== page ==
Beauty may be in the eye of the beholder, but in the eye of the camera, it can distort the standard of what it means to be healthy.
When we were kids, our concept of body image was molded by images of celebrities who had perfect skin and bodies or were willing to go to any lengths for the perfect body—think Mary-Kate Olsen’s transition from sweet child star to strikingly well-dressed skeleton.
Suddenly, however, we can no longer blame Glamour or “E! News” for projecting unreal and superficial images of body type. We have taken body image creation into our own hands, with our cameras and social networks.
Don’t lie. You know you’ve done it. I’ve done it. Scanned through the photos of a high-school friend that you haven’t seen for months and wonder how they suddenly look so… good. Or sigh as you come across pictures of yourself at the beach and cringe as you compare yourself to the people around you.
Sometimes it feels as if we look a certain way not because we actually want to look good for a night out with friends, but because we are extremely conscious of the fact that we will not only be seen by other people, but also by their cameras. And although people may forget images, cameras don’t.
Our lives have become defined and hallmarked by images. And as if we weren’t already bombarded by enough images on a daily basis—on the Internet, in magazines and on television—social networks have made it infinitely easier to condense a person’s life and personality into a mere series of pictures.
This means a tougher battle for those fighting the advent of eating disorders caused by feelings of bodily insecurity. You can avoid the tabloids and the media, but it is not so easy to avoid social networks, which have become so vital for personal communication.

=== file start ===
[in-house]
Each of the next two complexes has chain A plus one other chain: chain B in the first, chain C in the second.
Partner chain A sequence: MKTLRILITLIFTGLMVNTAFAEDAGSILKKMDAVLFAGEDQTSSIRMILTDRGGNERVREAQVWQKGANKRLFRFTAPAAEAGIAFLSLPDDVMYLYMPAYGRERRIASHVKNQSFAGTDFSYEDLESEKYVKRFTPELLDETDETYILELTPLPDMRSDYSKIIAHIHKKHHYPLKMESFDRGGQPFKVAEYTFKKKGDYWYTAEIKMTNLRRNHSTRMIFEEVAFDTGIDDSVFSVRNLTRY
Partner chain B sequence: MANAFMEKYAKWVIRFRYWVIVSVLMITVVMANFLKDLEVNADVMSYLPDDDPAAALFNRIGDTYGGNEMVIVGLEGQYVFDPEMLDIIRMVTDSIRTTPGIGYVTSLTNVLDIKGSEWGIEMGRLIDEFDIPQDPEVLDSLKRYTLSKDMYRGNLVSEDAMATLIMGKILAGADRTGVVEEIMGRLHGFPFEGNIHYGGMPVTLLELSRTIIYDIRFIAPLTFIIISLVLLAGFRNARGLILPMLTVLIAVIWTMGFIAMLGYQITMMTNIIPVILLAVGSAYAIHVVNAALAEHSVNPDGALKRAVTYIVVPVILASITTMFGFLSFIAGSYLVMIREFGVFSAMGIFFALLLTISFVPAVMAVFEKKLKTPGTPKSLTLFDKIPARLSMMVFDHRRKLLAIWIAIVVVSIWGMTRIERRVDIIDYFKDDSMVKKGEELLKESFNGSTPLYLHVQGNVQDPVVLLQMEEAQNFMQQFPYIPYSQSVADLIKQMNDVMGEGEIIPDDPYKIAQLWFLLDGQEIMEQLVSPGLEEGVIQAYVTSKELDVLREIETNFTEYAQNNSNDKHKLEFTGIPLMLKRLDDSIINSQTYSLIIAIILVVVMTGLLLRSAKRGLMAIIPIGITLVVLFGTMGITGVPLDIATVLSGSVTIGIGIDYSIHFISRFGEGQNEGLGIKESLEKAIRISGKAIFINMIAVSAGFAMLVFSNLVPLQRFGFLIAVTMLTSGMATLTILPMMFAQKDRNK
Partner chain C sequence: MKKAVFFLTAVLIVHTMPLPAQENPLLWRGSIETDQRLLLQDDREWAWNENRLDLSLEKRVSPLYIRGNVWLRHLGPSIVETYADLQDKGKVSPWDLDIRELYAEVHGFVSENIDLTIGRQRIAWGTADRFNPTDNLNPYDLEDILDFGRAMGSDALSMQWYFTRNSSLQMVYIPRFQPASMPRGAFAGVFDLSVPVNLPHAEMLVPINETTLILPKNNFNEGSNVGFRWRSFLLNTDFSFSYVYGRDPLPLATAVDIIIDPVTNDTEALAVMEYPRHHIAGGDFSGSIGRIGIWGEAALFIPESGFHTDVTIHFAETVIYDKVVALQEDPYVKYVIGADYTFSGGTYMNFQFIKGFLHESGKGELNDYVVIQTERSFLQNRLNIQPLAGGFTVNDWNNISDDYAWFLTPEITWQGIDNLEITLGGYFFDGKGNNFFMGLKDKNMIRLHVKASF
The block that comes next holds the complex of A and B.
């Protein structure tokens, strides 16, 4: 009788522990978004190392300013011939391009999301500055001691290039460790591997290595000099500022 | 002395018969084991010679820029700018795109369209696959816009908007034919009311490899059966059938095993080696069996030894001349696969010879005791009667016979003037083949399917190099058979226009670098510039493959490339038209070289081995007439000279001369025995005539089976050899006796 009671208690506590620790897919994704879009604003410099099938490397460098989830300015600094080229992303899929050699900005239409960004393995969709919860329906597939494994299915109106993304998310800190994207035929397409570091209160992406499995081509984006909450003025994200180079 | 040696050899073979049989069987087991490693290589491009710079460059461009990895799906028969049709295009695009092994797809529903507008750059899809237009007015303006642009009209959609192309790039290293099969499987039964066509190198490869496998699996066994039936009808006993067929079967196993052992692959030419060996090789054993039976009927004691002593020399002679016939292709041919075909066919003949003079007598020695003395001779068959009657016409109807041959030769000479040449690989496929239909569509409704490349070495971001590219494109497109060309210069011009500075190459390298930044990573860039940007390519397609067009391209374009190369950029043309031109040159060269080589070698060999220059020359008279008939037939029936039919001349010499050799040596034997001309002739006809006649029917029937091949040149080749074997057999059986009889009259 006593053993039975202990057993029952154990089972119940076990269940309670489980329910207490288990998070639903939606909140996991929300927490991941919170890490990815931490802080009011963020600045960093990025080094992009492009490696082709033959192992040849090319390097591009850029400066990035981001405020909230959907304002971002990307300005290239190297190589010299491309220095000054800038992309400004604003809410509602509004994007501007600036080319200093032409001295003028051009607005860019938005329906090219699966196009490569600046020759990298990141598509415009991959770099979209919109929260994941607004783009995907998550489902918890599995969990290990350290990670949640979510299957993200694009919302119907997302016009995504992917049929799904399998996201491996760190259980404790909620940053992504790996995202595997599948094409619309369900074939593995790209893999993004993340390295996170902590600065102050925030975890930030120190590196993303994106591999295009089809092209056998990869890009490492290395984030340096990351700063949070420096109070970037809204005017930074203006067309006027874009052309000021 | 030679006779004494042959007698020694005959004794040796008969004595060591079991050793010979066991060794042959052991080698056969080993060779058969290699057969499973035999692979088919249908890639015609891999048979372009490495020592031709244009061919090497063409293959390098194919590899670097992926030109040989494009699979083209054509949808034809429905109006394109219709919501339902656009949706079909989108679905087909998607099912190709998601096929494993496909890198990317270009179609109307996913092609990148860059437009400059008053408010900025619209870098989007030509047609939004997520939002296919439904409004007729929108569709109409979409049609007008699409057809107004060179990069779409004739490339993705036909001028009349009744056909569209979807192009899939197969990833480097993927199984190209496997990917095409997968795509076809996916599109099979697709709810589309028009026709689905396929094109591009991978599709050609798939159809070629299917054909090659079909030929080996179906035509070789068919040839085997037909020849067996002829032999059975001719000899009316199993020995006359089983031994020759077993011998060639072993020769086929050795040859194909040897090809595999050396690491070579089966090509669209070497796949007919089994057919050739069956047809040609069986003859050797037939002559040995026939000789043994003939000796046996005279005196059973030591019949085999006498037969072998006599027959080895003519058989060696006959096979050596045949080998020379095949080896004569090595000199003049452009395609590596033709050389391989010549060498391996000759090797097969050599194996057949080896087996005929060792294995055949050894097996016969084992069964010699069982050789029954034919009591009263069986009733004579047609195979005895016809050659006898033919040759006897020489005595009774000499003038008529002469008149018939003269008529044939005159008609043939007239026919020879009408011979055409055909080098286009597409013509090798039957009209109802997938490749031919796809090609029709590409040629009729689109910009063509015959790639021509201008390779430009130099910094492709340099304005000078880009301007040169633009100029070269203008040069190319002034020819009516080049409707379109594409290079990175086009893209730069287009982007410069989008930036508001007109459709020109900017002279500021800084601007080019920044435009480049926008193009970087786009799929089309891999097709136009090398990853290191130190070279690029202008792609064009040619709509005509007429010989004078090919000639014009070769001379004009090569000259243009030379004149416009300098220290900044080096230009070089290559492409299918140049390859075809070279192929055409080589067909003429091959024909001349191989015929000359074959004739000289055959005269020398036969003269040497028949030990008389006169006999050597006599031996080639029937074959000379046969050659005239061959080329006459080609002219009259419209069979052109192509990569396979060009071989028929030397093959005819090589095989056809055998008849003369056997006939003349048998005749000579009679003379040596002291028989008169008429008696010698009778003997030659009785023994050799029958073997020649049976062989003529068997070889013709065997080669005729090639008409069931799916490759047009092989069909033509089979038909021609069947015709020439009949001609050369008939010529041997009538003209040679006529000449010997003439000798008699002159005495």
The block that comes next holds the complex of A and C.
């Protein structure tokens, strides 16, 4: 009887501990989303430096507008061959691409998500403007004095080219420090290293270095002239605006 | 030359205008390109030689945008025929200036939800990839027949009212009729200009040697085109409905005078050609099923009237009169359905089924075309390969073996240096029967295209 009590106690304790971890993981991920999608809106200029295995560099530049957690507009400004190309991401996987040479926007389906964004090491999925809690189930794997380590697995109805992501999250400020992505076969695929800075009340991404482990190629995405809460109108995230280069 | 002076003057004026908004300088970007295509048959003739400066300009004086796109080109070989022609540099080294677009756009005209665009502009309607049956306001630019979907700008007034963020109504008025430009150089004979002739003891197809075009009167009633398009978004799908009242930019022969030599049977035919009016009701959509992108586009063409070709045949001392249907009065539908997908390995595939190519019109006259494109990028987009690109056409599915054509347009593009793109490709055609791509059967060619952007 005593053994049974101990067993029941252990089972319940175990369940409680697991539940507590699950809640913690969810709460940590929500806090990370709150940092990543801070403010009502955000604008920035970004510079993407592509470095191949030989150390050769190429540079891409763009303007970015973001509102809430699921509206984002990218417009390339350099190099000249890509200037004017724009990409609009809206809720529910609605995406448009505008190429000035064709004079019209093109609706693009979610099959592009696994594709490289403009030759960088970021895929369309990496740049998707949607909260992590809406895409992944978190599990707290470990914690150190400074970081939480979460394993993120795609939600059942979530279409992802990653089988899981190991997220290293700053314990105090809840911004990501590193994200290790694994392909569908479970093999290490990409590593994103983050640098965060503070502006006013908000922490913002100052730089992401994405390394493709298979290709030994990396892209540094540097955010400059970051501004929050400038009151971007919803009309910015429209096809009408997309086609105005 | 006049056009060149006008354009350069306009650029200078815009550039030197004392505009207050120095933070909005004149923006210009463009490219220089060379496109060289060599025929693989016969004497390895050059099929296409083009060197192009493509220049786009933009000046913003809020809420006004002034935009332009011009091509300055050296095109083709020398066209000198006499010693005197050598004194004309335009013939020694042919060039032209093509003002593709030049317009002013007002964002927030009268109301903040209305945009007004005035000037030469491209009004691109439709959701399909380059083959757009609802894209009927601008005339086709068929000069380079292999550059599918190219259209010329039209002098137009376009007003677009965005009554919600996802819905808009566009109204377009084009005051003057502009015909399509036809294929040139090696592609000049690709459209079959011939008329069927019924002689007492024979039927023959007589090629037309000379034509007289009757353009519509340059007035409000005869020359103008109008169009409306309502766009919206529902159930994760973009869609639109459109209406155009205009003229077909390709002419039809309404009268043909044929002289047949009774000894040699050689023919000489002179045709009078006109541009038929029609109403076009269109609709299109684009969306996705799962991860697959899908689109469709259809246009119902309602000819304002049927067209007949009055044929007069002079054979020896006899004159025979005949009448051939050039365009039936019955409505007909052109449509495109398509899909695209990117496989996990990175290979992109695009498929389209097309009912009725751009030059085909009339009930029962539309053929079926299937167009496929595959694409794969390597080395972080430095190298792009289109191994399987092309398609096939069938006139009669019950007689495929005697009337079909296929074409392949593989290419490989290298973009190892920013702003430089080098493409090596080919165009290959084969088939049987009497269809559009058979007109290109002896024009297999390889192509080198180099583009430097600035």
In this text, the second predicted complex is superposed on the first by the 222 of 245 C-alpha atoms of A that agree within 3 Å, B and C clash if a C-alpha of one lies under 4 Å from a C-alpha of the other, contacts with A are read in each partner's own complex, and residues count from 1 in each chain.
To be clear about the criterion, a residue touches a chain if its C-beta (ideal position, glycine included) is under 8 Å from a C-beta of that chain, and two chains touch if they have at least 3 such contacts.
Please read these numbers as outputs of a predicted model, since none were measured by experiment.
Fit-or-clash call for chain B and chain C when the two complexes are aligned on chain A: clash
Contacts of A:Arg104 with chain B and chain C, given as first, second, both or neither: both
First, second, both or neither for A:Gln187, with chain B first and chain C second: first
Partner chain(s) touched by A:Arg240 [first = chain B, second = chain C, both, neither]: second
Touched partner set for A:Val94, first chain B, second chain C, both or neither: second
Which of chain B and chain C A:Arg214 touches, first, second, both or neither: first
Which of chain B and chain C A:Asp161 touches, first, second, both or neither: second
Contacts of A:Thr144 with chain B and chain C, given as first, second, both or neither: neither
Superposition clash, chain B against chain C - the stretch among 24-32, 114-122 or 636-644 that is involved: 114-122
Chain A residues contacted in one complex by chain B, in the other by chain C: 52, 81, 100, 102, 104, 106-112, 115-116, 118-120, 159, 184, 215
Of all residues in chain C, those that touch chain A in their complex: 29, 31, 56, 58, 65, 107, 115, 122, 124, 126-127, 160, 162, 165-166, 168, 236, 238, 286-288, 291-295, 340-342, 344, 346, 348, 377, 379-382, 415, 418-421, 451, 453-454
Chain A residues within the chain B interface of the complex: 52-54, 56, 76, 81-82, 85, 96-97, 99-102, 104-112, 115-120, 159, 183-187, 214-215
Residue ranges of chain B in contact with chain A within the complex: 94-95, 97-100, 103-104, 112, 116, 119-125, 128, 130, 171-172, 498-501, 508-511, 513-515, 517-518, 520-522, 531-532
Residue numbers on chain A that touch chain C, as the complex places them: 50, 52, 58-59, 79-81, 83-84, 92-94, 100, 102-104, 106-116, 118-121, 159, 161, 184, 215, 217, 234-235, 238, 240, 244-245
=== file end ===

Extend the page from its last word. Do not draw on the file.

It’s almost too crazy to admit that we can now blame ourselves for the unhealthy body images that we sustain and support through social networking. I never think twice about lauding someone on how hot they look in a certain picture, when in the back of my head I’m usually thinking, “Really? Really, c’mon that’s Photoshoped.”
But in the age of Facebook flaunting, where pictures have to be posted hours after they are taken and where photos can make or break relationships, pictures seem to generate way more than a thousand words when they are really worth so much less.
In fact, recent studies have shown that as young girls spent significant amounts of time on Facebook, they were more likely to develop negative perceptions of body image. And with Facebook becoming as quick a fad as Bieber fever for preteens, this does not bode well for the future eradication of body stereotypes.
But there is hope in the fact that, if these networks can send negative messages about body image, they can also promote more positive perceptions of such images such as the “Healthy is the New Skinny” campaign.
We can really only stop the obsession over online images if we change the way we seek information about another person and realize that a profile is barely even a snapshot, and not even a very reliable one, of a person’s true personality; or if we can find a way to flip through a friend’s album that pops up on our news feed without judging them for how they look or judging ourselves for how we don’t look. Sounds simple enough, right? Almost as easy as making it past the second round of the NCAA Tournament. Oh, wait...
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There are probably several years to go before we can really see the effects of the vast multiplication of image circulation on self-perception and body image. But even now, we can realize that the comments or photos we leave on the virtual wall can help block the efforts of a friend who is trying to battle self-esteem issues and possibly even an eating disorder.
We’ve always been told not to judge a book by its cover. So now maybe it’s time we learned not to judge a face by its book.
Sony Rao is a Trinity junior. Her column runs every other Tuesday. Follow Sony on Twitter @sony_rao